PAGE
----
This recipe is a celebration of freshness and healthy eating, plus it is quite impressive to look at, don't you think? There's also no actual cooking involved, which makes this a breeze, even for the novice cook. And if it looks kind of tricky, well, believe me, it's not. Fresh, large, sliced zucchinis, marinated in a mixture of olive oil and lemon make the base for this green and white tower. My favorite cheese in the whole wide world, the glorious Greek feta along with fresh ricotta cheese and chopped dill, constitute a creamy, herby mixture that is thoroughly scrumptious. A simple dressing of "ladolemono", which is a classic Greek dressing of olive oil and lemon, with the addition of garlic and dill, is prepared in minutes, giving a wonderful finish to the dish.






The marinated zucchini has an amazingly natural, fresh flavor and a perfect crunchy texture that is contrasted by the smoothness of the cheese mixture. The white cheese layer of the tower, with its specks of green from the dill, has a slight tangy flavor and combines perfectly with the zing of the earthy garlic and the vibrant citrus flavor of the lemon in the dressing. Topped with some freshly grated lemon zest and chopped dill, this tower is truly a vision of freshness.






This dish is extremely healthy, refreshing, fulfilling and versatile. It can be served as a first course for a dinner party and it makes a wonderful option for a light lunch paired with whole-wheat bread. If you're getting bored with ordinary salads, try this instead. Even though it's not actually a salad, it certainly counts as a substitute. My boyfriend and I had it with steamed fish and a glass of Viognier-Chardonnay the other night and he said it was one of the best meals he's had in a long time. That counts for something.









Tower of Marinated Zucchini, Feta and Ricotta Cheese
Adapted from Myrsini Lambraki

I know I'm sounding like a broken record here but I'm gonna say it. I couldn't find in Holland the cheese I wanted for this recipe, which is the Greek cheese Anthotyro and in particular fresh anthotyro. Anthotyro, which literally translates to "flower cheese", is a sheep's and/or goat's milk cheese that has an incredibly light taste and a crumbly texture. I had to substitute with fresh ricotta cheese but if you can find anthotyro, please use that instead. It is perfect.
In case you want to try a Dutch cheese, you can go with the fresh geitenkaas (a goat's milk cheese) which is also delicious.

This recipe is not one that can be prepared on a moment's notice. The zucchinis need to be marinated for three hours and the cheese mixture needs to stay in the refrigerator for an hour to firm up after its preparation. So keep this in mind.

Each tower is rather filling, so if you're having it as a first course, you might want to cut it in half and then serve it.






Yield: 4 towers / 4-8 servings

Ingredients
4 large zucchinis, approximately 22-24 cm each

for marinade
1 cup olive oil
1/3 cup lemon juice, freshly squeezed (juice of 1 medium-sized lemon)
1 tsp salt
Freshly ground black pepper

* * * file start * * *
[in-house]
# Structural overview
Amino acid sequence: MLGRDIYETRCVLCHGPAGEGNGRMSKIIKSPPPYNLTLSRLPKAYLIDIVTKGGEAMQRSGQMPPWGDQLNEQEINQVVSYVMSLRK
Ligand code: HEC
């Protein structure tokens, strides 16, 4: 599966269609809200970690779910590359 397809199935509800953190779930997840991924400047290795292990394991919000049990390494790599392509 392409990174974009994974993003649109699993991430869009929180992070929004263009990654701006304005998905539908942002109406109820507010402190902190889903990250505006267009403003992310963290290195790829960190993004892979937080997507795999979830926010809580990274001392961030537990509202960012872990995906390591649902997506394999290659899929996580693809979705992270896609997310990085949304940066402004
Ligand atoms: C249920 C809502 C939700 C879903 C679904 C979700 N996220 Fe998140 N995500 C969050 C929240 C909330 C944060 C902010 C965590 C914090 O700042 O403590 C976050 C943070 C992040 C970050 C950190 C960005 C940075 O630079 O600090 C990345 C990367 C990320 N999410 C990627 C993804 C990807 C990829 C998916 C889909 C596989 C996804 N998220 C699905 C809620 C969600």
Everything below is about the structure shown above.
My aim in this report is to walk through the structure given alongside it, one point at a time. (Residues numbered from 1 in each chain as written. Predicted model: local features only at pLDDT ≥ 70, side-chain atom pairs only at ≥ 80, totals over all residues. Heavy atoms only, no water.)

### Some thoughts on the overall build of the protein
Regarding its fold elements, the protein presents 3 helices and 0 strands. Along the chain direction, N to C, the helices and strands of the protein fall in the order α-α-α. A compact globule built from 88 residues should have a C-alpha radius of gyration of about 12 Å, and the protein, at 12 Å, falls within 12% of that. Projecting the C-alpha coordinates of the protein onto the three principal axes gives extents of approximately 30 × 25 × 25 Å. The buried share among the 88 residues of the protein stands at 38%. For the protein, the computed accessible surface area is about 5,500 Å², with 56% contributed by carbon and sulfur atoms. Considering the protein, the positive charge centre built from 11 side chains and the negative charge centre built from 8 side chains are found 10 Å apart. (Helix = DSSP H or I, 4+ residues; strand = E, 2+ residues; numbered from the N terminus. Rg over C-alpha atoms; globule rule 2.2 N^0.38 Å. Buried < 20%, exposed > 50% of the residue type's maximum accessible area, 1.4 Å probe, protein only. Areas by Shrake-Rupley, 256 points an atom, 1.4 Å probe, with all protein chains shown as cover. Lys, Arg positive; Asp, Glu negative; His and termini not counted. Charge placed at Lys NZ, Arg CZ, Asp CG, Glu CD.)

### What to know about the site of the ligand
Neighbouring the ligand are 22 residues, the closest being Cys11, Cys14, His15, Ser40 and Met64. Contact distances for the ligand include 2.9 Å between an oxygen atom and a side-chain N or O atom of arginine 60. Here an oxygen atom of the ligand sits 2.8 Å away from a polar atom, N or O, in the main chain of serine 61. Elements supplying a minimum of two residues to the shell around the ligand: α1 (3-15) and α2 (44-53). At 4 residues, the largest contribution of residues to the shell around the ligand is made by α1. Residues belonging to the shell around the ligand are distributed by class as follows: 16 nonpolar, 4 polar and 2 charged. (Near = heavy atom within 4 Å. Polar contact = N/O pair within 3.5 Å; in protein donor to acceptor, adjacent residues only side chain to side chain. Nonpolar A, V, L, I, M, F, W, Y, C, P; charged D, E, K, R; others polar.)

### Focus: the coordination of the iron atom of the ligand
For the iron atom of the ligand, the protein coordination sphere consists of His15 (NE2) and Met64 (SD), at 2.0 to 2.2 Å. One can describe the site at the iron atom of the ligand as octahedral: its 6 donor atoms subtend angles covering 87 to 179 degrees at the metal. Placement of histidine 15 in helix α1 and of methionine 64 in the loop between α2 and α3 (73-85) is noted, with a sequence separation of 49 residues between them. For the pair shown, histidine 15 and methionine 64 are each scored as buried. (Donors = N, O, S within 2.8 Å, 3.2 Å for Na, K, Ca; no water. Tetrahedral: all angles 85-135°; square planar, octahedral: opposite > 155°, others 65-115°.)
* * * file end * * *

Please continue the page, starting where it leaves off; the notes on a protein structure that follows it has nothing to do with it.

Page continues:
for cheese mixture
500 g fresh ricotta cheese
200 g feta cheese, crumbled
4 Tbsp olive oil
1 Tbsp dill, chopped
Pinch of salt
Freshly ground black pepper

for dressing
1 large garlic clove
1 Tbsp dill, chopped
6 Tbsp olive oil
2 Tbsp lemon juice, freshly squeezed

for garnish
1 tsp lemon zest, freshly grated
Chopped dill

Special equipment: a food processor, a kitchen mandoline (optional)

Preparation
Wash the zucchinis well under running water and cut and discard the top and bottom of each zucchini. Then cut them lengthwise into 1 cm-thick slices, either by using a large knife or by using a kitchen mandoline which is, by far, easier, quicker and more accurate. Cut the first and last slice a little thinner and discard them. You don't need the rounded parts because you will not be able to stabilize the towers. You will need 20 slices of zucchini for the four towers.

Make the marinade
Put all the ingredients for the marinade in a medium-sized glass jar with a lid, close the lid tightly and shake the jar well until all the ingredients are well blended.
Alternatively you can use a food processor or a blender to do that.

Place the zucchini slices into a large, shallow bowl or a baking tray and pour the marinade all over them. Cover the bowl or baking tray with plastic wrap and place it in the refrigerator. Leave zucchini slices to marinate for 3 hours.

Make the cheese mixture
Place all the ingredients for the cheese mixture in the food processor and process until you have a creamy, thick mixture. Empty it into a large bowl, cover with plastic wrap and place it in the refrigerator to set. It will take 1 hour at most.

Make the dressing
Place all the ingredients for the dressing in the food processor and process until you have a smooth dressing. Pour it into a jar or a bowl, cover it with either a lid or plastic wrap and keep it in the refrigerator. Just before using, shake it well or whisk it to re-blend.

After the 3 hours of marinating the zucchinis have passed, take them out of the refrigerator and drain them in a colander*. Then place them on paper towels and pat them dry.




Assembling the towers
Take one slice of zucchini and, using a small spatula or spoon, spread 1 1/2 - 2 Tbsp of the creamed cheese mixture over it, creating a thin layer, about 1 cm thick. Take another zucchini slice and spread a thin layer of cheese mixture over it. Take the second slice and place it on top of the first one. Continue until you have created 4 layers of zucchini and cheese mixture. Place a single zucchini slice (without cheese mixture) at the top of the tower and put it on a serving platter or an individual plate, with the help of an offset spatula.
Continue making the rest 3 towers.

Pour the dressing all over each tower and finish by garnishing each one with lemon zest and chopped dill.

Serve immediately.

I wouldn't suggest assembling them in advance because there is a possibility that juices from the zucchinis will run out onto the cheese (even if you keep the tower in the fridge). Besides, it only takes 10 minutes or so to assemble them.

Note: the cheese mixture can be made one day ahead and kept in the refrigerator, in an airtight container.
The following day, I had some leftover cheese mixture and I used it in a cucumber sandwich. It was delicious.






*It's a shame to let all those marinade juices go to waste. I used them the next day to poach two fillets of fish. You can also use them as a dressing on top of a green salad.